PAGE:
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Determinate growth and the scaling of photosynthetic energy intake in the solitary coral Fungia concinna (Verrill)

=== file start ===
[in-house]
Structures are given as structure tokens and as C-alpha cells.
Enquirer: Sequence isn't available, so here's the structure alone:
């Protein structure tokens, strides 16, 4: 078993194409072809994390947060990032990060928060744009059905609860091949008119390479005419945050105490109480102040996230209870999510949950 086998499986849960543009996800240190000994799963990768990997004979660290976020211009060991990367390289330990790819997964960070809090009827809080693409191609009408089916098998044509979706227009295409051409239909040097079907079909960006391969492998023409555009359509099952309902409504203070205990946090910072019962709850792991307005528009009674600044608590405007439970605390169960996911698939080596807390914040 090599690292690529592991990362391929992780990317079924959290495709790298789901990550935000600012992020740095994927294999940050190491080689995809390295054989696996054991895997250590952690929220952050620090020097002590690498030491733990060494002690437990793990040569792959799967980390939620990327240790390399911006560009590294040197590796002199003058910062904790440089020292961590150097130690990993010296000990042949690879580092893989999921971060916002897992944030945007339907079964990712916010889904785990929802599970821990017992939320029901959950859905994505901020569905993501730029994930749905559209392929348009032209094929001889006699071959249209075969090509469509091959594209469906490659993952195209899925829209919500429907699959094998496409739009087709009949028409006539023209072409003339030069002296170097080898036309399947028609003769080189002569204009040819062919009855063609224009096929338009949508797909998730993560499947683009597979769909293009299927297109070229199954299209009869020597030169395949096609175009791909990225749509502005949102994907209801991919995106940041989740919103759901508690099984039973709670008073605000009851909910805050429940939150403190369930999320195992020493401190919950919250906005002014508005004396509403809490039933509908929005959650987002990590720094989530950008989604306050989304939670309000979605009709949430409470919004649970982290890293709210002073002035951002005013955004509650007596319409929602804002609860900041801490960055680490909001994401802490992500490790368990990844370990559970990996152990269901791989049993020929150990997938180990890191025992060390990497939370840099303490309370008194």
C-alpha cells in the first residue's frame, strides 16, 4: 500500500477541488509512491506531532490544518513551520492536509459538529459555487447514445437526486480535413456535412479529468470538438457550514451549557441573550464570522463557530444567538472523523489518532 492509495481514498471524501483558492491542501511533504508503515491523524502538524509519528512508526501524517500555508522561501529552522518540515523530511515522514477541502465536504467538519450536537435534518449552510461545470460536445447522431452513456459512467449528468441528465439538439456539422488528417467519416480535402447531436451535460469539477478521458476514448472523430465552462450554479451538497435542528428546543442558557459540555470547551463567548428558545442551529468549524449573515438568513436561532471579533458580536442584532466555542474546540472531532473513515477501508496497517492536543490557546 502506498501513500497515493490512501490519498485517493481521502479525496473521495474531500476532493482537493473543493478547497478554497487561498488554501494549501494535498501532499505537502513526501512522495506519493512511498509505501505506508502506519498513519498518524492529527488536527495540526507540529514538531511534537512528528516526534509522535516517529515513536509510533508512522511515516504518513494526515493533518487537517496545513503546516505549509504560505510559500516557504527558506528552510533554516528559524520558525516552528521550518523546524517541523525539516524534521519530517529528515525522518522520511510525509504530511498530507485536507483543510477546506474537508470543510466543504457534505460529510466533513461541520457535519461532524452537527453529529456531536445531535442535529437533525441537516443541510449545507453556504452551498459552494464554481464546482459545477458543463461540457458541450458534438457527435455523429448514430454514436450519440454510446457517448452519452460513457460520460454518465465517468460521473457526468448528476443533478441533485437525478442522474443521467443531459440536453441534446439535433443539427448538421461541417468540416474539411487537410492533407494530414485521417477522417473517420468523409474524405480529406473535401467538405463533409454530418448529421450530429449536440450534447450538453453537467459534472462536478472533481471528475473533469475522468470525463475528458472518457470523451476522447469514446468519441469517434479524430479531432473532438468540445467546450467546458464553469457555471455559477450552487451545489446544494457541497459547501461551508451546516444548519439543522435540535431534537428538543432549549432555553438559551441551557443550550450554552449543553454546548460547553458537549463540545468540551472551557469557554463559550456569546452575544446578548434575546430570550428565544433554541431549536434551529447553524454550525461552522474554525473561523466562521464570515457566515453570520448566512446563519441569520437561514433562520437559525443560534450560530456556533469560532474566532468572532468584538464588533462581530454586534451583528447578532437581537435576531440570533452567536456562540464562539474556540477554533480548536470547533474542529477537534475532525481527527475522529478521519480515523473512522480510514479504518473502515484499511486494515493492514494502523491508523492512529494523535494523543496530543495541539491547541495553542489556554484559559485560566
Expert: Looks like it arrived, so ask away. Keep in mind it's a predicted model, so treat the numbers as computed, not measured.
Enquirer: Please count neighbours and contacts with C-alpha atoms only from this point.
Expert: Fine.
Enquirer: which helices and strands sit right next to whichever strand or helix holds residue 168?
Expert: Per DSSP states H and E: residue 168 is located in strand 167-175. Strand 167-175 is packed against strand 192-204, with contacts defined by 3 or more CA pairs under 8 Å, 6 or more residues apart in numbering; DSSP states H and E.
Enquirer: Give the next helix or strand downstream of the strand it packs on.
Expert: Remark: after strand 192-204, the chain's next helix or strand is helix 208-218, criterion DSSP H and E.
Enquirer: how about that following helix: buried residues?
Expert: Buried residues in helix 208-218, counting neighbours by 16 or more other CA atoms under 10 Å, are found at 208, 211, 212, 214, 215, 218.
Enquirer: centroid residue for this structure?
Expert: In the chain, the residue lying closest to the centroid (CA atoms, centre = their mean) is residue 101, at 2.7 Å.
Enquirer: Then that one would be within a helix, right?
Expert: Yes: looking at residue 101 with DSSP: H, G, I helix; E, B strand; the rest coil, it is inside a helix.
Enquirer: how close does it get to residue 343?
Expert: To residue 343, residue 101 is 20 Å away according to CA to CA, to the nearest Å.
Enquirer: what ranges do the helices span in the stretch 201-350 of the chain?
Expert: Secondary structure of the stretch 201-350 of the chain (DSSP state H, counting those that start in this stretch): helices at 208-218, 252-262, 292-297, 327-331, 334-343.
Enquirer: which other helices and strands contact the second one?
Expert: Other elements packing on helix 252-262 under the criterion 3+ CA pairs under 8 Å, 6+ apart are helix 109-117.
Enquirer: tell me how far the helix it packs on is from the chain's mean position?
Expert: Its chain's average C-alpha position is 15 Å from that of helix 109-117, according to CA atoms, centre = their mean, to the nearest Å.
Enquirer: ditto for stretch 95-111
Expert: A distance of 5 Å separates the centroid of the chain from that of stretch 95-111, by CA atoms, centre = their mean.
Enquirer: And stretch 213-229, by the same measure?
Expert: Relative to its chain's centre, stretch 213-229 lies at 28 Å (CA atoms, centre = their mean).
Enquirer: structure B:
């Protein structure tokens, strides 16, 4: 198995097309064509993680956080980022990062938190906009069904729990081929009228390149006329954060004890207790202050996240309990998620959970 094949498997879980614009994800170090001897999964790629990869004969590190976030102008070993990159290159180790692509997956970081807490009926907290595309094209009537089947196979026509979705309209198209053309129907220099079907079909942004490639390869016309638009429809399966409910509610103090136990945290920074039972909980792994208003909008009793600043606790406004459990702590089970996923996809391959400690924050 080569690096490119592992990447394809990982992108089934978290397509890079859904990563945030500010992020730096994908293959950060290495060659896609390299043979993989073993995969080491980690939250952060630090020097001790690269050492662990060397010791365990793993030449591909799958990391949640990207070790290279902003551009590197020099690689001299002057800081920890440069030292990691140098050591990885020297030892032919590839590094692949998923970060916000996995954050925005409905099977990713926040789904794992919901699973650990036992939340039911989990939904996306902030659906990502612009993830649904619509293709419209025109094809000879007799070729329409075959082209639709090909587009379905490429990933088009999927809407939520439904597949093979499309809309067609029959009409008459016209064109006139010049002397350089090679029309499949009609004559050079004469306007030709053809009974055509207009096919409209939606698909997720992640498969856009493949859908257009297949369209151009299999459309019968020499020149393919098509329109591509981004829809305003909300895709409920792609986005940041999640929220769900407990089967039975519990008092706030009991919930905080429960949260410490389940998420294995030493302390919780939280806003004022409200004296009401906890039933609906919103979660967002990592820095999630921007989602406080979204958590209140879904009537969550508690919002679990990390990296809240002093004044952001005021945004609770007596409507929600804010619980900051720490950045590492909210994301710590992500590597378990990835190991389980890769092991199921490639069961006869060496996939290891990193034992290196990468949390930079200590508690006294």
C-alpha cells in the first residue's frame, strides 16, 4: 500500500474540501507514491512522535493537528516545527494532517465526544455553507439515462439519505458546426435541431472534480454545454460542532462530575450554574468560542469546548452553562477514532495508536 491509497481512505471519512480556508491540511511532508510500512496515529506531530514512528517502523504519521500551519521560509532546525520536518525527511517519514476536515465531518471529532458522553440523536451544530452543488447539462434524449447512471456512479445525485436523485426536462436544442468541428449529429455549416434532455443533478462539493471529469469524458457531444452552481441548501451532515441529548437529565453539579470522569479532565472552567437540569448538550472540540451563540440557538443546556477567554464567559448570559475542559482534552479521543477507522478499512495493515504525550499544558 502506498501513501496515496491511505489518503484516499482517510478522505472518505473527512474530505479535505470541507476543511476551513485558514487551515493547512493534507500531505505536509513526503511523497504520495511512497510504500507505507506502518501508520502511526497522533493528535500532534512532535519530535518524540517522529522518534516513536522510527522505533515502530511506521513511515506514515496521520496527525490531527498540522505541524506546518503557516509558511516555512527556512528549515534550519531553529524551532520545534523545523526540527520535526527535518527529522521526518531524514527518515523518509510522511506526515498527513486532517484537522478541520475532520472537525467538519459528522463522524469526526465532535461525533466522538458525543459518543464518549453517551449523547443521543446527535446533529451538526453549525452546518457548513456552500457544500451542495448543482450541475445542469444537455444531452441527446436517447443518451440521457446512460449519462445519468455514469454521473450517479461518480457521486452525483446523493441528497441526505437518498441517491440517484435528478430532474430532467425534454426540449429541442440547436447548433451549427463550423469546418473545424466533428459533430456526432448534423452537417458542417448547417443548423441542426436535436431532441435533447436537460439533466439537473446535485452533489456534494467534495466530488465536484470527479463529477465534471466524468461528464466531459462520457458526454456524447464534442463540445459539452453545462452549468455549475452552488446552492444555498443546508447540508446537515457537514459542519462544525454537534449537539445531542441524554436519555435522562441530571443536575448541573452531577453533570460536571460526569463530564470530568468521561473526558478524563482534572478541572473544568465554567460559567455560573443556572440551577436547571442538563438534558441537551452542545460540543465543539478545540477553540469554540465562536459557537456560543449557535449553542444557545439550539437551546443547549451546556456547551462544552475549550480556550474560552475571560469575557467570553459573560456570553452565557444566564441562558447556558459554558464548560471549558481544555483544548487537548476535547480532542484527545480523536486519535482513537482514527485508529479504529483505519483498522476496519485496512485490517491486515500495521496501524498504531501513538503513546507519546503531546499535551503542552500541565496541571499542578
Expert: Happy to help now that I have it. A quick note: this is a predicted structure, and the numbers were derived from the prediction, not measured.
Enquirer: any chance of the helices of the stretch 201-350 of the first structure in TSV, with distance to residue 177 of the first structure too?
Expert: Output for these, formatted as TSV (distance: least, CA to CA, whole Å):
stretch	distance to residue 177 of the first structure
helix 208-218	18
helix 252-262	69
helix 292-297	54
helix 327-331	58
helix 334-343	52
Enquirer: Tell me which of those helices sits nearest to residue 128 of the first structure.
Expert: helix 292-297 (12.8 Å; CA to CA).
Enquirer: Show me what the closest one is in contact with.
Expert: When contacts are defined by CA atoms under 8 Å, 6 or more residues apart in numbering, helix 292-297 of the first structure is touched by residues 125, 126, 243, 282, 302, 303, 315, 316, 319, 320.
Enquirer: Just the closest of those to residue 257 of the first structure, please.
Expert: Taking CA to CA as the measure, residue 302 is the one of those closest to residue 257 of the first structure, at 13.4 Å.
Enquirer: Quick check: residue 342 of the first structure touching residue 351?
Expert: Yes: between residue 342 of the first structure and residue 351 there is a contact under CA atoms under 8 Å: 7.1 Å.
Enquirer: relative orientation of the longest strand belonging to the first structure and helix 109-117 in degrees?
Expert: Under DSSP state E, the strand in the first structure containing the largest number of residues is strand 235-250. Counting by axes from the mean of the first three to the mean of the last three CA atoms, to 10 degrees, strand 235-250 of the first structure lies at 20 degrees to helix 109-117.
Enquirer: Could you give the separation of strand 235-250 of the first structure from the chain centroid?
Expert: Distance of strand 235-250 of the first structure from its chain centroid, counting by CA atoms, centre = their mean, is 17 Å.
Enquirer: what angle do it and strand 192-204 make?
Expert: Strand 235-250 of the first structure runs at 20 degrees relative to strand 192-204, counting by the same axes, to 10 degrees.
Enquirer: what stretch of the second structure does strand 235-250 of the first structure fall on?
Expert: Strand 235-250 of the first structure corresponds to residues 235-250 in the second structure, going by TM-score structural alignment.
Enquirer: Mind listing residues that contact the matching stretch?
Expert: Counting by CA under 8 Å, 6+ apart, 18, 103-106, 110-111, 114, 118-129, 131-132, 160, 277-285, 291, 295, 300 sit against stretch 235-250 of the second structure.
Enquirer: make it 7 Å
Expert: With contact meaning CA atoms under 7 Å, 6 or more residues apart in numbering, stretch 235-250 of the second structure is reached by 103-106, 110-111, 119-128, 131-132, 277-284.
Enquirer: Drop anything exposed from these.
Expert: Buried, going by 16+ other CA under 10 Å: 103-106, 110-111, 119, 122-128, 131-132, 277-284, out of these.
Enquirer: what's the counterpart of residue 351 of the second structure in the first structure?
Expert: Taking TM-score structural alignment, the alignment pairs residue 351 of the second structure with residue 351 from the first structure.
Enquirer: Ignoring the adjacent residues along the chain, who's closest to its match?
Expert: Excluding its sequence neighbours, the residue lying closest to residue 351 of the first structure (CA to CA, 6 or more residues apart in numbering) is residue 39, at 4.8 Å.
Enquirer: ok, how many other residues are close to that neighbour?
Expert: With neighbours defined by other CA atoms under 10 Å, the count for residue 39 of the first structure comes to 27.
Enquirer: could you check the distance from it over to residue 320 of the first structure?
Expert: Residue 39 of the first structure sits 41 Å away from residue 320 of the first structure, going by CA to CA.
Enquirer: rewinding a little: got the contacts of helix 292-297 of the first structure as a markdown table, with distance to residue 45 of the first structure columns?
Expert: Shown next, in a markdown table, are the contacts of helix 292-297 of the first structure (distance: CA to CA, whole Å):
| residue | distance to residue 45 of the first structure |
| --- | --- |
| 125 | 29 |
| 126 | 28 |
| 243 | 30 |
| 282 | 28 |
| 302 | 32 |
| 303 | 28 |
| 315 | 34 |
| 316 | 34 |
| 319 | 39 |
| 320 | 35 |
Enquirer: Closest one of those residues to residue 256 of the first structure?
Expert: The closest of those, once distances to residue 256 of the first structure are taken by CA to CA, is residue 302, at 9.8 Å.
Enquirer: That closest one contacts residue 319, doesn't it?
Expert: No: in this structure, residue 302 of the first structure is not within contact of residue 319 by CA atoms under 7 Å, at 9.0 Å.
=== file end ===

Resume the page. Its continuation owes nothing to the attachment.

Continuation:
For many marine invertebrates, the maximum size of an individual is influenced heavily by environmental factors and may be limited by energetic constraints. In this study, an energetic model developed originally for anemones was applied to the free-living scleractinian Fungia concinna (Verrill) from Moorea (French Polynesia) to test the hypothesis that energetic constraints limit the size of this solitary coral. The modified model assumed that photosynthesis was the primary source of metabolic energy, and that metabolic costs were represented by aerobic respiration these sources and sinks of energy were compared using daily energy budgets that were analyzed using double logarithmic regressions of energy against coral size. With this approach, energy limitation is characterized by a scaling exponent for energetic cost (bcost) that is larger than the scaling exponent for energy intake (bintake). For the size range of F. concinna studied, b intake = 0.73 +/- 0.09 and b cost = 0.46 +/- 0.10, thereby demonstrating that large individuals accumulated an energetic surplus, even when the expenditure associated with host tissue and symbiont growth was included in the model. The surplus of energy that this coral acquires as it grows appears to be driven by the scaling of traits associated functionally with the scaling of respiration and photosynthesis. Specifically, tissue biomass displayed a strong positive allometry with respect to surface area (i.e., b > 1), and this constraint on surface area may be the mechanistic basis of the low scaling exponent for metabolic cost. In contrast, the capacity for autotrophy -- defined indirectly as Symbiodinium population density and chlorophyll content -- increased isometrically with surface area, and likely contributed to the higher scaling exponent for intake relative to cost. Our results suggest that growth in F. concinna is not limited strictly by energy, but instead maximum size must be determined by alternative physiological or ecological constraints.